The growing of crops in drills started in Scotland in the eighteenth century. The first crops to be grown were turnips follow much later with potatoes (they were first grown in the field in the early 1740s).
Ridging ploughs were a key implement in opening furrows for potatoes. After planting the soil was turned back over the potatoes with a ridger, plough or hand hoes. The splitting back of the ridges with a tractor-drawn rider required a lot of concentration – well, if you were not paying attention you had to look at your “mess” for a number of weeks until the growing plants hid your job.
Ridging ploughs were made by a number of the Scottish and English implement and machine makers. In the early 1950s they included both horse drawn and tractor drawn ones, with the latter being more numerous.
The Adrolic Engineering Co Ltd, Clober Works, Milngavie, manufactured with hydraulic tractor mounted, rear or mid-mounted riders. A. Newlands & Sons Ltd, St Magdalene’s Engineering Works, Linlithgow, had a set of hydraulically mounted 3-row toolbar with fixed or spring release bodies. John Wallace & Sons (Ayr) Ltd, Towhead Works, Ayr, manufactured a combined double-furrow ridging plough and fertiliser distributor.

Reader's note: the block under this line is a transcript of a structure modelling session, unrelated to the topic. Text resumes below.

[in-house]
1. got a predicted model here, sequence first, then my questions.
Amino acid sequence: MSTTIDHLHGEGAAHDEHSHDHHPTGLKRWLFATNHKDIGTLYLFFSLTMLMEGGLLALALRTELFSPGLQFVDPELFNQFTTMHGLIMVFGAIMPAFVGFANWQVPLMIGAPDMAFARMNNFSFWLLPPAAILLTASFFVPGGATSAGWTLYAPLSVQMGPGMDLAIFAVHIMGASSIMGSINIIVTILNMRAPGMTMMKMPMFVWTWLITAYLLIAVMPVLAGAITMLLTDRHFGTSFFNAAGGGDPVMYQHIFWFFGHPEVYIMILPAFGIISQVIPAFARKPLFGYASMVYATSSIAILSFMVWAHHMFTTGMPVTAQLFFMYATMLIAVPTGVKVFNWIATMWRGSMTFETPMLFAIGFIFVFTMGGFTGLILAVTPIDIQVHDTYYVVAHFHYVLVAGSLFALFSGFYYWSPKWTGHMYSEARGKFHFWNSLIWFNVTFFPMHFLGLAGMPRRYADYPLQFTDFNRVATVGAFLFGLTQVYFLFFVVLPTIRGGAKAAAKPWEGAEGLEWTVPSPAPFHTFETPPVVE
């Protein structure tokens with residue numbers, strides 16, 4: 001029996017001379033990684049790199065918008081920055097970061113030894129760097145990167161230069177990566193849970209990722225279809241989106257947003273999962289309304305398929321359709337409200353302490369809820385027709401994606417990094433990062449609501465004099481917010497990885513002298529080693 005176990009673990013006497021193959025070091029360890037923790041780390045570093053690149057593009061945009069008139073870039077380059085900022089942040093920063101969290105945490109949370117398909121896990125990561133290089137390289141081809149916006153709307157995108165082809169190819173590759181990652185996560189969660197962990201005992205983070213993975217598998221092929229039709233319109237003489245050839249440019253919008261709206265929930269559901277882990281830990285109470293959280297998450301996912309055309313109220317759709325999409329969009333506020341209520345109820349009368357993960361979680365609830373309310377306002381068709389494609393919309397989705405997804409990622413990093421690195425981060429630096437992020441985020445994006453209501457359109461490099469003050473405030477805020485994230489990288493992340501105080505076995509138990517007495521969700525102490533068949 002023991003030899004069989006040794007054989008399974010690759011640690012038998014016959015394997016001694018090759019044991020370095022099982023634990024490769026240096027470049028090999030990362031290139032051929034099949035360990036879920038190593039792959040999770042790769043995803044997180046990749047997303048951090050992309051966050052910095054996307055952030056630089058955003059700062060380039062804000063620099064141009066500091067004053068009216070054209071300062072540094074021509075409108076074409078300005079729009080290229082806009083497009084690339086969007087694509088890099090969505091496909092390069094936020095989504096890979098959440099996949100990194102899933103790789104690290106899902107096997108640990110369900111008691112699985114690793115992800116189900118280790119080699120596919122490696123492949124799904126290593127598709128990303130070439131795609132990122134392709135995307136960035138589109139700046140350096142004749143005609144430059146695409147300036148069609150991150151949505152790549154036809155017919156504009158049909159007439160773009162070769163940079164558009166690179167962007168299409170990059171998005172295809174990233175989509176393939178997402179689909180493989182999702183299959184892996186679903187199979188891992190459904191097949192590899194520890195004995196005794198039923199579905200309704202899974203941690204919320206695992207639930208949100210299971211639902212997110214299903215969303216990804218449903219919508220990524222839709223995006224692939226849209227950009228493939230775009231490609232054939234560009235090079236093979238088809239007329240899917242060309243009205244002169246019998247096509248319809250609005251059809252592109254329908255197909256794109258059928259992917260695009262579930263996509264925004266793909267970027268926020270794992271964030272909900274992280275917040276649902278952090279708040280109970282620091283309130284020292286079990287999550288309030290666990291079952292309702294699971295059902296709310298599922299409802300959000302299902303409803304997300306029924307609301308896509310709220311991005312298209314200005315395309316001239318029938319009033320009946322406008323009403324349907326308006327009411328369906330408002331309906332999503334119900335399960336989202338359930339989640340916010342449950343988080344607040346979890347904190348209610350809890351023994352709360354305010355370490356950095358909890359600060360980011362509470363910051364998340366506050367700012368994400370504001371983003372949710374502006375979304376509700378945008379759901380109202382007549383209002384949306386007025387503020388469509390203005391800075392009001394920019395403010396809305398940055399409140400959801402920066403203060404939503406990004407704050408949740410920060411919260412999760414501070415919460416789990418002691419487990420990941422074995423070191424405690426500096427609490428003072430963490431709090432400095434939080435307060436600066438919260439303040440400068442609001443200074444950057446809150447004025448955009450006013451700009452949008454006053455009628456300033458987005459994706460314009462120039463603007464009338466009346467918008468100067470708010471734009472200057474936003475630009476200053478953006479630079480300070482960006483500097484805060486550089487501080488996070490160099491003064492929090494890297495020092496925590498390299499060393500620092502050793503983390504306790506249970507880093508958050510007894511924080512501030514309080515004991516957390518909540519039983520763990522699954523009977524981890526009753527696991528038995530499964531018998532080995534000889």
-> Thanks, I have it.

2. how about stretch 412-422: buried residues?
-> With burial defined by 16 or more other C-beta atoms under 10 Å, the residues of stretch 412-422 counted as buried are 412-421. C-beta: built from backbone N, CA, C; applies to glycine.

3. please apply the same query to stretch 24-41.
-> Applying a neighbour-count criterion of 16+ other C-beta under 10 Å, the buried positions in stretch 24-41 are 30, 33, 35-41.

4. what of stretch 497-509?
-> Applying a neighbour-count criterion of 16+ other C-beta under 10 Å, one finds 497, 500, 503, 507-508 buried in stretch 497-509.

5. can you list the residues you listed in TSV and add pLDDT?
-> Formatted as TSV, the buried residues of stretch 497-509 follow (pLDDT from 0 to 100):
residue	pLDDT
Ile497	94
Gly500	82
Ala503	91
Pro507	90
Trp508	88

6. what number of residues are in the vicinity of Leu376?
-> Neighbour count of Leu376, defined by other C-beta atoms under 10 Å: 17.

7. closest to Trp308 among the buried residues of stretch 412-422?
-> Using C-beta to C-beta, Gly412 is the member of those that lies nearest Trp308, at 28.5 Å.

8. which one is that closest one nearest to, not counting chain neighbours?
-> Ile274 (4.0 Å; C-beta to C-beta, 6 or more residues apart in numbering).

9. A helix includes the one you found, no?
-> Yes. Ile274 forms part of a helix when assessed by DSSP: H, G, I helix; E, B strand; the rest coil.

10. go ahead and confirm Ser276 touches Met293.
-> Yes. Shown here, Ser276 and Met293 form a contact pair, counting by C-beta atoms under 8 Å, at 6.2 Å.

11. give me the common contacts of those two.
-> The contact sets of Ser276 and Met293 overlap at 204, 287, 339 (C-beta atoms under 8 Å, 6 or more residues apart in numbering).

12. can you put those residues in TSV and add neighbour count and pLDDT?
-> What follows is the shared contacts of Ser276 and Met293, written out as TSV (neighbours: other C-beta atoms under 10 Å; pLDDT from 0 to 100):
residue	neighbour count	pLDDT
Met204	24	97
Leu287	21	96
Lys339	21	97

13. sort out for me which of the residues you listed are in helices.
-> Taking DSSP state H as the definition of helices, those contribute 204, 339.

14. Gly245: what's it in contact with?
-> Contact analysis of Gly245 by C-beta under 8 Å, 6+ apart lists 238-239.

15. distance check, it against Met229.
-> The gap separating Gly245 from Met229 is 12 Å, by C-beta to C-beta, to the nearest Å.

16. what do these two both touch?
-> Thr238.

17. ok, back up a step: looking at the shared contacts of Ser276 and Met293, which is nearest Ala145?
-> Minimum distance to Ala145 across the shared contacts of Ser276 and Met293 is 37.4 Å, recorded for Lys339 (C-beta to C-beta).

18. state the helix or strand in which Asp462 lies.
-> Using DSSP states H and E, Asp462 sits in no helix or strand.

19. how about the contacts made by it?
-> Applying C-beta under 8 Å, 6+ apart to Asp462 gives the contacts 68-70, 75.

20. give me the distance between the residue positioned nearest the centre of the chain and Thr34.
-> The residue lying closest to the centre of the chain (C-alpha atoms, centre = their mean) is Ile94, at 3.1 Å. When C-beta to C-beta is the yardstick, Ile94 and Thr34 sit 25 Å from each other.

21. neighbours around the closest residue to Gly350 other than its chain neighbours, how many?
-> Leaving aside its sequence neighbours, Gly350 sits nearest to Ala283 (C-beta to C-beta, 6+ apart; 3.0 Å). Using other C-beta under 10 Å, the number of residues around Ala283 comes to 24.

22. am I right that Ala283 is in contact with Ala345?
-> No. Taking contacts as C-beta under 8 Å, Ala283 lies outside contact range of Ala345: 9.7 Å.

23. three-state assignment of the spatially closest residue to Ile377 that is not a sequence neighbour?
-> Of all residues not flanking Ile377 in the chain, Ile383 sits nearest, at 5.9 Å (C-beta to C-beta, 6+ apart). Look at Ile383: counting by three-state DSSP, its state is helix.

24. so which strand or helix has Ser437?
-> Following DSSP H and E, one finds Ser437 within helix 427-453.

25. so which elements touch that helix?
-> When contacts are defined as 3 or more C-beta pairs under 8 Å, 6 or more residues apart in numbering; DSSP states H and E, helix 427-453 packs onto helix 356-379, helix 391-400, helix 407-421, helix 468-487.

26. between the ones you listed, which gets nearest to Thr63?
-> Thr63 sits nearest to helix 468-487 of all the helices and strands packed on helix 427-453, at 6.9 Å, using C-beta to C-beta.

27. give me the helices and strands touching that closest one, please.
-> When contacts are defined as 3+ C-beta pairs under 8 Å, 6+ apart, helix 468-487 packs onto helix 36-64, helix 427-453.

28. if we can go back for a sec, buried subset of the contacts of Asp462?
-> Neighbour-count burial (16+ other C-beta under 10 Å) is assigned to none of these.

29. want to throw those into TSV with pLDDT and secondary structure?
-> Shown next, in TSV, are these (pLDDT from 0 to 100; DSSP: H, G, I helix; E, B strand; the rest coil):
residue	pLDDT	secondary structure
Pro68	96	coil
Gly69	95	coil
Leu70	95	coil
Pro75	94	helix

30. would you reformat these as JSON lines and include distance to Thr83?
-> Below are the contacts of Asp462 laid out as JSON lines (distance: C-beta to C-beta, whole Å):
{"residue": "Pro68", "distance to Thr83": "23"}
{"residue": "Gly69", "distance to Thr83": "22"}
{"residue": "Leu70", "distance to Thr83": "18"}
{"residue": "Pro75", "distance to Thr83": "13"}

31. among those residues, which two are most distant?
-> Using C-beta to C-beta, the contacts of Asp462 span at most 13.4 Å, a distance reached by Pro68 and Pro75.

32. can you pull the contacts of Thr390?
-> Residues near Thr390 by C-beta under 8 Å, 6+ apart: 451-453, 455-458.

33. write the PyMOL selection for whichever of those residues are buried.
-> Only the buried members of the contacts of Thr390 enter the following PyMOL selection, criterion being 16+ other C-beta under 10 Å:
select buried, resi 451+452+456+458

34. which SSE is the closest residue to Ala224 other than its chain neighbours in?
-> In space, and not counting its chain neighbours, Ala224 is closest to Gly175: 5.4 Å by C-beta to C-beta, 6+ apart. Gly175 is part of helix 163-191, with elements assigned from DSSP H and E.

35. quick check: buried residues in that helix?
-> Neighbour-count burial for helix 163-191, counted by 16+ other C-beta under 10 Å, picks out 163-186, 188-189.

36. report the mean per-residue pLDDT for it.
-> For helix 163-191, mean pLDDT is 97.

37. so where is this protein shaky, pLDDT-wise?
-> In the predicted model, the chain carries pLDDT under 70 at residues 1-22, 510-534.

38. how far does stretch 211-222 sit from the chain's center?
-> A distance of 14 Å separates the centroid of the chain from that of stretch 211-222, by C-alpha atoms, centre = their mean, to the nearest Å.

If you are around the Scottish rally fields you will see some of the English makes that were widely used – those made by David Brown Tractors Ltd, and Harry Ferguson Ltd. Have you noticed how many sets of Ferguson riders are still around and exhibited?
When you are around the rally fields this summer have a look to see how many ridgers are around and the makers.
The photographs were taken at the Scottish National Tractor Show, September 2015.